2 Answers 2

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I believe good examples for proofs by contradiction will be hard to come by. The reason is that a proof by contradiction of $\phi$ actually proves $\neg \neg \phi$, a statement without any ``constructive content'' whatsoever. Usually, our proofs will contain some actual constructive content (even if not enough to be entirely constructive), and phrasing them as a proof-by-contradiction means we willfully ignore that information.

However, a very nice example is given by this answer over at math.stackexchange.com: https://math.stackexchange.com/a/4619477/128989

The statement is that in the decimal expansion of $\sqrt{2}$ at least two digits occur infinitely often. As this is a positive statement, proving it by deriving a contradiction (via the irrationality of $\sqrt{2}$) is a genuine proof by contradiction. According to Z.A.K., we don't actually have a proof for any particular digit to occur infinitely often, so there is no "willful ignorance" going on either.

On the other hand, The strategy stealing example isn't really working. What strategy stealing shows is "This player does not have a winning strategy", and it is a proof by negation. To get to "The other player has a winning strategy" you also need that the game is determined. Whether the entire argument then is constructive depends on the proof of determinacy.

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  • $\begingroup$ I agree that this is a nice example! I hope we can find more examples of an elementary character. $\endgroup$ Jan 16, 2023 at 16:14
  • $\begingroup$ @Steven Gubkin: The examples in my answer to Examples and applications of the pigeonhole principle are similar, especially the 3rd which is a trivial generalization of the example Arno gives. $\endgroup$ Jan 16, 2023 at 18:19
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Refutations by contradiction (a.k.a proof of negation)

The usual proofs of the following statements are refutations by contradiction:

  • Euclid's Elements, Book 1, Proposition 6: If in a triangle two angles equal one another, then the sides opposite the equal angles also equal one another.
  • Russell's paradox
  • $\sqrt{2}$ is irrational
  • Infinitude of primes
  • Arguments by infinite descent, such as "there is no smallest positive rational"
  • Non-existence of the Halting oracle.

Proof by contradiction

The usual proofs of the following statements are proofs by contradiction

  • Hilbert's Nullstellensatz
  • Infinitude of primes
  • Heine-Borel compactness of $[0,1]$ can be proved by contradiction, as in Theorem 11.5.11 at PlanetMath, although it also uses some instance of excluded middle. The subsequent discussion on how to make it more constructive is also relevant.
  • The usual proofs of "an epimorphism is surjective" proceed by contradiction: suppose $f : A \to B$ is epi but not surjective, then there is $y \in B \setminus \mathrm{im}(f)$, which allows us to construct $g, h : B \to \{0,1\}$ differing at $y$, so that $g \circ f = h \circ f$. (See this answer for a constructive proof.)
  • In a Heine-Borel compacts space $X$, if a family of closed sets $F_i$ has the finite intersection property (every finite intersection is inhabited) then the whole intersection is inhabited: if $\cap_i F_i$ were empty, $X \setminus F_i$ would form an infinite cover of $X$ without a finite subcover.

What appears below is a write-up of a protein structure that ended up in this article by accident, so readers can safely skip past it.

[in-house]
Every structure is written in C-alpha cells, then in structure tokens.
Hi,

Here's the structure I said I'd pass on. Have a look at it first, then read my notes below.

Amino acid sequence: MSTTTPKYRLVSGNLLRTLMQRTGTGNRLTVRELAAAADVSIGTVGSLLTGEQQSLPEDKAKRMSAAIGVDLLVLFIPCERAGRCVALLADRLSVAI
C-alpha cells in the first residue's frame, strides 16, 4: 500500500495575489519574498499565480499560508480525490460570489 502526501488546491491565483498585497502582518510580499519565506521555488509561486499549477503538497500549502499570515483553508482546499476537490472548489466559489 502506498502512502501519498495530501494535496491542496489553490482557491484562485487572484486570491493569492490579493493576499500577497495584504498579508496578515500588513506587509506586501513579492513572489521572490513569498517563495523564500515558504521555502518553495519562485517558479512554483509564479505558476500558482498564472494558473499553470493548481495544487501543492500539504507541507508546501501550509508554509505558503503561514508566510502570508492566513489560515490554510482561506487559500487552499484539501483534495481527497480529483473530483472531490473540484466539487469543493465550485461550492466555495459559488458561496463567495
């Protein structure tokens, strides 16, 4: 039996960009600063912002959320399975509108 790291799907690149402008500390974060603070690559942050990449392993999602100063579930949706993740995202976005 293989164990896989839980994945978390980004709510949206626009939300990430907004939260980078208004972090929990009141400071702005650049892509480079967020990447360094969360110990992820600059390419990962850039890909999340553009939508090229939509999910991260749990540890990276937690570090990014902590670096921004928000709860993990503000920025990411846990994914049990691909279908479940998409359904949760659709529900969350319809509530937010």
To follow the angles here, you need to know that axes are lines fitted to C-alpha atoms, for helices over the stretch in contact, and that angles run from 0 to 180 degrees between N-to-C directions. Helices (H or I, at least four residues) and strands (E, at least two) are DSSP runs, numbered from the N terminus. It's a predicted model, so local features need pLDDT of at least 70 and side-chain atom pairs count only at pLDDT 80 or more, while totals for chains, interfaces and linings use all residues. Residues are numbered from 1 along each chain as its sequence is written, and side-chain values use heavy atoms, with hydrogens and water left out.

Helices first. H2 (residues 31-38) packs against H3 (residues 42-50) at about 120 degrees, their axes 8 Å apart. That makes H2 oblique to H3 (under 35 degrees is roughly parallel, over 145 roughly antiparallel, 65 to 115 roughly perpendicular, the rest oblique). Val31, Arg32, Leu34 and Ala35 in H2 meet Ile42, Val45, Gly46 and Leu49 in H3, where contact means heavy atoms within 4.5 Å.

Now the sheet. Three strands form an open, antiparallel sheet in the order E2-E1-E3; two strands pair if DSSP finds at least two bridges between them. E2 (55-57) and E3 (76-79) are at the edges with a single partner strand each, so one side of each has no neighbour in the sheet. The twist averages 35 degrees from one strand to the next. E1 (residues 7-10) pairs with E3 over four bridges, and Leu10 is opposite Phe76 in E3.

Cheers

• If there is no continuous retraction from the unit disk $D^1$ to the unit circle $S^1$ then every continuous map $f : D^1 \to D^1$ has a fixed point: suppose $f : D^1 \to D^1$ were without a fixed point. Then we could define a retraction $D_1 \to S^1$ by mapping $x \in D^1$ to the intersection of $S^1$ and the half-ray with the origin $x$ passing through $f(x)$.

Excluded middle

  • König's lemma: an infinite binary tree has an infinite path. Start at the root. The left subtree is either infinite or not. If it is, go left, otherwise go right. Repeat.
  • “A subset of a finite set is finite” is equivalent to excluded middle.
  • Cantor-Schröder-Bernstein theorem uses excluded middle and implies it. (The proof with the most obvious use of excluded middle is Tarski's proof using the fixed point theorem.)
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  • $\begingroup$ Thanks for this answer! Your examples of proof by contradiction are (with the exception of the infinitude of primes) a little too advanced for my "intro proof" audience I am afraid. If you think of any really elementary arguments which fit please update! $\endgroup$ Jan 17, 2023 at 12:15
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    $\begingroup$ I can think of some simpler ones that use excluded middle, as opposed to proof by contradiction. Are you interested in those? $\endgroup$ Jan 17, 2023 at 15:54
  • $\begingroup$ Yes, would definitely be interested! They would be useful for the excluded middle section, and could maybe be retooled into proof by contradiction examples. $\endgroup$ Jan 17, 2023 at 16:52
  • $\begingroup$ I added a table of "sacrifices" to the end of my question. Hoping you might give me your advice on whether I have gotten these correct, and also examples of proofs by contradiction which highlight these other potential sacrifices. $\endgroup$ Feb 22, 2023 at 22:19